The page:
Balwant Singh Rajoana

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Balwant Singh Rajoana
Born 23 August 1967[citation needed]
Rajoana Kalan, Punjab
Citizenship Indian
Occupation Former Police constable
Known for Participation in the conspiracy to kill Beant Singh
Religion Sikhism

Balwant Singh Rajoana is the prime accused and convicted for the assassination of Beant Singh (former Chief Minister of Punjab) on August 31, 1995.[1] Rajoana was sentenced to death by a special CBI court in India.[2] Beant Singh was killed by Balwant Singh's associate Dilawar Singh Babbar and Balwant Singh was the backup human bomb to be used had Dilawar failed in his mission.[3]

Early years[edit]

Balwant Singh was born in Rajoana Kalan village near Raikot in Ludhiana district of Punjab in a Jatt Sikh family on 23 August 1967. He joined the Punjab Police. According to his elder brother Kulwant Singh, Balwant was a pacifist and was opposed to any kind of violence.[citation needed] As a child, he was fond of reading ghazals, novels and poetry. The works of Surjit Paatar and Jaswant Singh Kanwal played an important role in shaping his ideology.[4]

Assassination of Beant Singh[edit]

In Punjab between 1992 and 1995, at a time when the Khalistan separatist movement was active in the state and the Indian government was aggressively seeking to control the movement. It is alleged that, during Beant Singh's tenure, upwards of twenty-five thousand of Sikh civilians disappeared or were killed and their bodies cremated by the police in extrajudicial executions.[5] Rajoana, who was a police constable at that time, conspired with Dilawar Singh Jaisinghvala, a police officer, to kill Beant Singh. Based on a coin toss, Dilawar Singh Jaisinghvala was chosen to be the suicide bomber with Rajoana as a backup. The attack on 31 August 1995 resulted in the death of Beant Singh and 17 others,[6] and, on 25 December 1997, Rajoana confessed his involvement.[7]

Conviction and death sentence[edit]

Balwant Singh had “openly confessed” an involvement and strongly expressed no faith in Indian judiciary. He refused to defend himself and refused to take a lawyer. He accused Indian courts of applying dual standards of law and the Indian judicial system of shielding the culprits of 1984 anti-Sikh riots.[8] ”Asking for mercy from them (Indian courts) is not even in my distant dreams” Rajoana said in an open letter to Media.

Explaining his actions, Balwant Singh referred to the 1984 anti-Sikh riots and talked about how the perpetrators had not been punished even after 25 years. In a letter to the Chief Justice of the High Court, he complained about discrimination at the hands of the country's judicial system and the rulers.[9] Rajoana defended his actions citing the 1984 Operation Blue Star offensive at the Golden Temple and the killing of Sikhs during the 1984 anti-Sikh riots.[8]

Rajoana was sentenced to death by a special CBI court and his execution was scheduled for 31 March 2012.[10] In his will, Balwant Singh said that his wish was to donate his eyes to Lakhwinder Singh (Ragi at Golden Temple Amritsar) and his kidneys, heart or any other body part to needy patients. On March 28, 2012 India's Home Ministry stayed the execution following clemency appeals filed by the SGPC, a Sikh organization.[6]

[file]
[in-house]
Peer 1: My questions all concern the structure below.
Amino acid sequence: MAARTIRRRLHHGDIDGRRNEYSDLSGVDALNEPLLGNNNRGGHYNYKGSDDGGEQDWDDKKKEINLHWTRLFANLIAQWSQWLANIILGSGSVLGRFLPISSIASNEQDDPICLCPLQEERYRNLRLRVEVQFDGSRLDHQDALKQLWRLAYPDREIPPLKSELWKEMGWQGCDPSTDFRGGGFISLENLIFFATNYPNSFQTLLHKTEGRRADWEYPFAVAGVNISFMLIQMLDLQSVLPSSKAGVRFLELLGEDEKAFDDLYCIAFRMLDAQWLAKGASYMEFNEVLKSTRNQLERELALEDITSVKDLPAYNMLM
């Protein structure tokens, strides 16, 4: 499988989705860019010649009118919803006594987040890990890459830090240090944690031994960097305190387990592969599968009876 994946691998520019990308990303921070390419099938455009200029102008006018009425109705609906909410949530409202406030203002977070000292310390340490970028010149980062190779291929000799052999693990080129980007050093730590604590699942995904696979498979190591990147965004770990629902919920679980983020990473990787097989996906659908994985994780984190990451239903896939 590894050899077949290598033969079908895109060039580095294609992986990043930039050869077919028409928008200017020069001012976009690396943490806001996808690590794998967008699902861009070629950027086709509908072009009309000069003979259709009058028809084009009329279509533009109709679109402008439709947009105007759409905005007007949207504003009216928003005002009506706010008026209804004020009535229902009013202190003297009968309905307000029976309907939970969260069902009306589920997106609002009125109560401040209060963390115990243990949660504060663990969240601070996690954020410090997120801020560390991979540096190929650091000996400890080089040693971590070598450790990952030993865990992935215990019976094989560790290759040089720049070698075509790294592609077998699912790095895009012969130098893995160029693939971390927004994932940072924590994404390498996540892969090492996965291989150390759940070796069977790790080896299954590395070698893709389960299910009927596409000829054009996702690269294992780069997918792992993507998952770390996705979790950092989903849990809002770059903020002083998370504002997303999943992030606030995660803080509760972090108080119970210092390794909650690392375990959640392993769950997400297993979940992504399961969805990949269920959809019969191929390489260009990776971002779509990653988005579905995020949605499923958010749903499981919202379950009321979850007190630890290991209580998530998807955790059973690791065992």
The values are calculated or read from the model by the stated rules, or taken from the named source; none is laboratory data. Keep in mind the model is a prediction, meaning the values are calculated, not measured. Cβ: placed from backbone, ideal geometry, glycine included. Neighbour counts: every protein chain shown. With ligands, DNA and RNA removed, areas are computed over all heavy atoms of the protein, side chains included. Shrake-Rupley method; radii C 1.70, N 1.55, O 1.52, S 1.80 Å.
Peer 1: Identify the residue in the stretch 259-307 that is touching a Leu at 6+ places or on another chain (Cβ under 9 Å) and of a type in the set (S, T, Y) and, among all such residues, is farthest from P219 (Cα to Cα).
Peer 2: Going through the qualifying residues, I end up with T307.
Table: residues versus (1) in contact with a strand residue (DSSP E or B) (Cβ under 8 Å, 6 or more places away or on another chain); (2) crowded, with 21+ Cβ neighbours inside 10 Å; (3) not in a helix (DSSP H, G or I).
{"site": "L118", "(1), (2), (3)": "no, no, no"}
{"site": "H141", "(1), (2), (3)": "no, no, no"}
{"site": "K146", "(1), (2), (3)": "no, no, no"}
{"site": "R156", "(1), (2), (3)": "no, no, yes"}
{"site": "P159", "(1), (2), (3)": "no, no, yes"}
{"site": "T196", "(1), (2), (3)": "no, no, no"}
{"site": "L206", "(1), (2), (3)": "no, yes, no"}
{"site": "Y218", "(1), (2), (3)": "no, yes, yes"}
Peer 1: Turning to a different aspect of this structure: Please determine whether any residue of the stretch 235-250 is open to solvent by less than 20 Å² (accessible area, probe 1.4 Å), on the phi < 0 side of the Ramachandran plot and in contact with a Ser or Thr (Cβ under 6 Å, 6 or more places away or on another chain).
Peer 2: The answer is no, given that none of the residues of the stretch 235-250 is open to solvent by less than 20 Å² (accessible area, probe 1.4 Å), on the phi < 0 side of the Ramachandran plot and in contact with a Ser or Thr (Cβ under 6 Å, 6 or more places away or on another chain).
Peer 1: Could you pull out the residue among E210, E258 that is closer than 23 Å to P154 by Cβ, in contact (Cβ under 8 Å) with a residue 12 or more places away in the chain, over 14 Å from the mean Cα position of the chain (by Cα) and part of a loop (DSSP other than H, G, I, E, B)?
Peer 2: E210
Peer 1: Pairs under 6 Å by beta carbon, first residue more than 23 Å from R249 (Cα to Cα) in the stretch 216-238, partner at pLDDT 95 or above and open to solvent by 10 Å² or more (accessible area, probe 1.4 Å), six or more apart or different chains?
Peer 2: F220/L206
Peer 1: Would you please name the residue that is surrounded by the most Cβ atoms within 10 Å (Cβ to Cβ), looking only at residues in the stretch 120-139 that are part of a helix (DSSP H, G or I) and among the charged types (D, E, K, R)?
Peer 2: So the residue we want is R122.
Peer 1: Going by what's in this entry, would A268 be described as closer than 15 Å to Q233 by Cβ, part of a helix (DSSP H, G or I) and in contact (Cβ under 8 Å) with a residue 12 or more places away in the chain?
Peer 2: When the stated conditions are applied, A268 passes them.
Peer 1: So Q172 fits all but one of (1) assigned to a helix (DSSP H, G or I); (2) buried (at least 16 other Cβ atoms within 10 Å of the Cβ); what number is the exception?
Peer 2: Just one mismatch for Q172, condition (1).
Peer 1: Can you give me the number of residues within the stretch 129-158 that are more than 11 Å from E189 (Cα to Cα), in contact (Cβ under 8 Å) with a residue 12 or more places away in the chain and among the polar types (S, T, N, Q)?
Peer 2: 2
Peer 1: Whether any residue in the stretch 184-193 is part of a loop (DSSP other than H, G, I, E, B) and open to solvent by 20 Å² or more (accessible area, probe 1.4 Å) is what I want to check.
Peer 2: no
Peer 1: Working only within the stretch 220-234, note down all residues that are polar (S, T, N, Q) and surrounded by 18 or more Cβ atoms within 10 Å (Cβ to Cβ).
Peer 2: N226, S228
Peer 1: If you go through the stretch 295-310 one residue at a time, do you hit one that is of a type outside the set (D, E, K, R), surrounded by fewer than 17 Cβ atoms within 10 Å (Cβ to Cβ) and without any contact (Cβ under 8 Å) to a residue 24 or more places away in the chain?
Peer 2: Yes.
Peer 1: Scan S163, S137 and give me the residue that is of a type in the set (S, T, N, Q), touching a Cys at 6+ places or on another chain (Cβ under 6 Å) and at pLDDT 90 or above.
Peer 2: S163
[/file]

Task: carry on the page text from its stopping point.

On stay of his execution, Balwant singh said, I have dedicated my life to the Panth(referred to Khalsa and meaning the Sikh Nation) and have no regrets. So the stay doesn't make any difference to me".[11] He also added, "This is a victory of real Khalsa Panth after every member of the Sikh Nation rose to the occasion and successfully conveyed the strength of the Khalsa religion. I am ready to be hanged at any time and will live as long as God has decided for me. My happiness over the stay shouldn't be considered as my weakness. I am happy because Sikh nation has shocked the walls of the Delhi government, not because my hanging has been postponed."[12]

Awards[edit]

On 23 March 2012, he was awarded the title of "Living Martyr" by Akal Takhat, the highest temporal seat of the Khalsa. Rajoana initially refused to accept the title, but later on 27 March, he accepted the title, saying that it will make him "more determined" towards his goals.[10][13] Dilawar Singh Babbar was also awarded the title of "National Martyr" in the same order from Akal Takhat.

References[edit]

  1. ^ "Here, Balwant Singh Rajoana is still a hero". Rediff. 11 April 2012. Retrieved 29 September 2012. 
  2. ^ "Beant Singh killing: Balwant Singh Rajoana's hanging stayed". IBNLive. 2012-03-28. Retrieved 2012-03-29. 
  3. ^ "Punjab on edge over hanging of Beant Singh's killer Balwant Singh Rajoana". India Today. 28 March 2012. Retrieved 28 March 2012. [dead link]
  4. ^ Amrita Chaudhry (2012-03-29). "Beant killer, a fan of Punjabi literature". Indian Express. Retrieved 2012-03-29. 
  5. ^ Romesh, Silva; Marwaha, Jasmine; Klingner, Jeff (2009), Violent Deaths and Enforced Disappearances During the Counterinsurgency in Punjab, India: A Preliminary Quantitative Analysis, retrieved 2012-08-14 
  6. ^ a b "India puts Sikh radical Rajoana's execution on hold". BBC News. 2012-03-28. Retrieved 2012-03-29. 
  7. ^ Saurabh Malik (2012-03-19). "Promises to keep". Chandigarh: The Tribune. Retrieved 2012-03-29. 
  8. ^ a b "Why Balwant Singh Rajoana shouldn't be hanged". The Hindu (Chennai, India). 2012-03-29. 
  9. ^ Why Balwant Singh Rajoana never appealed against his death sentence
  10. ^ a b "Will Balwant Singh Rajoana be hanged on Saturday? 10 big developments". NDTV. 2012-03-28. Retrieved 2012-03-29. 
  11. ^ "Stay makes Rajoana neither unhappy, nor sad". The Times Of India. 2012-03-30. 
  12. ^ [1][dead link]
  13. ^ Aman Sood (2012-03-28). "Finally, Rajoana agrees for ‘Zinda Shaheed’ title". The Tribune. Retrieved 2012-03-29.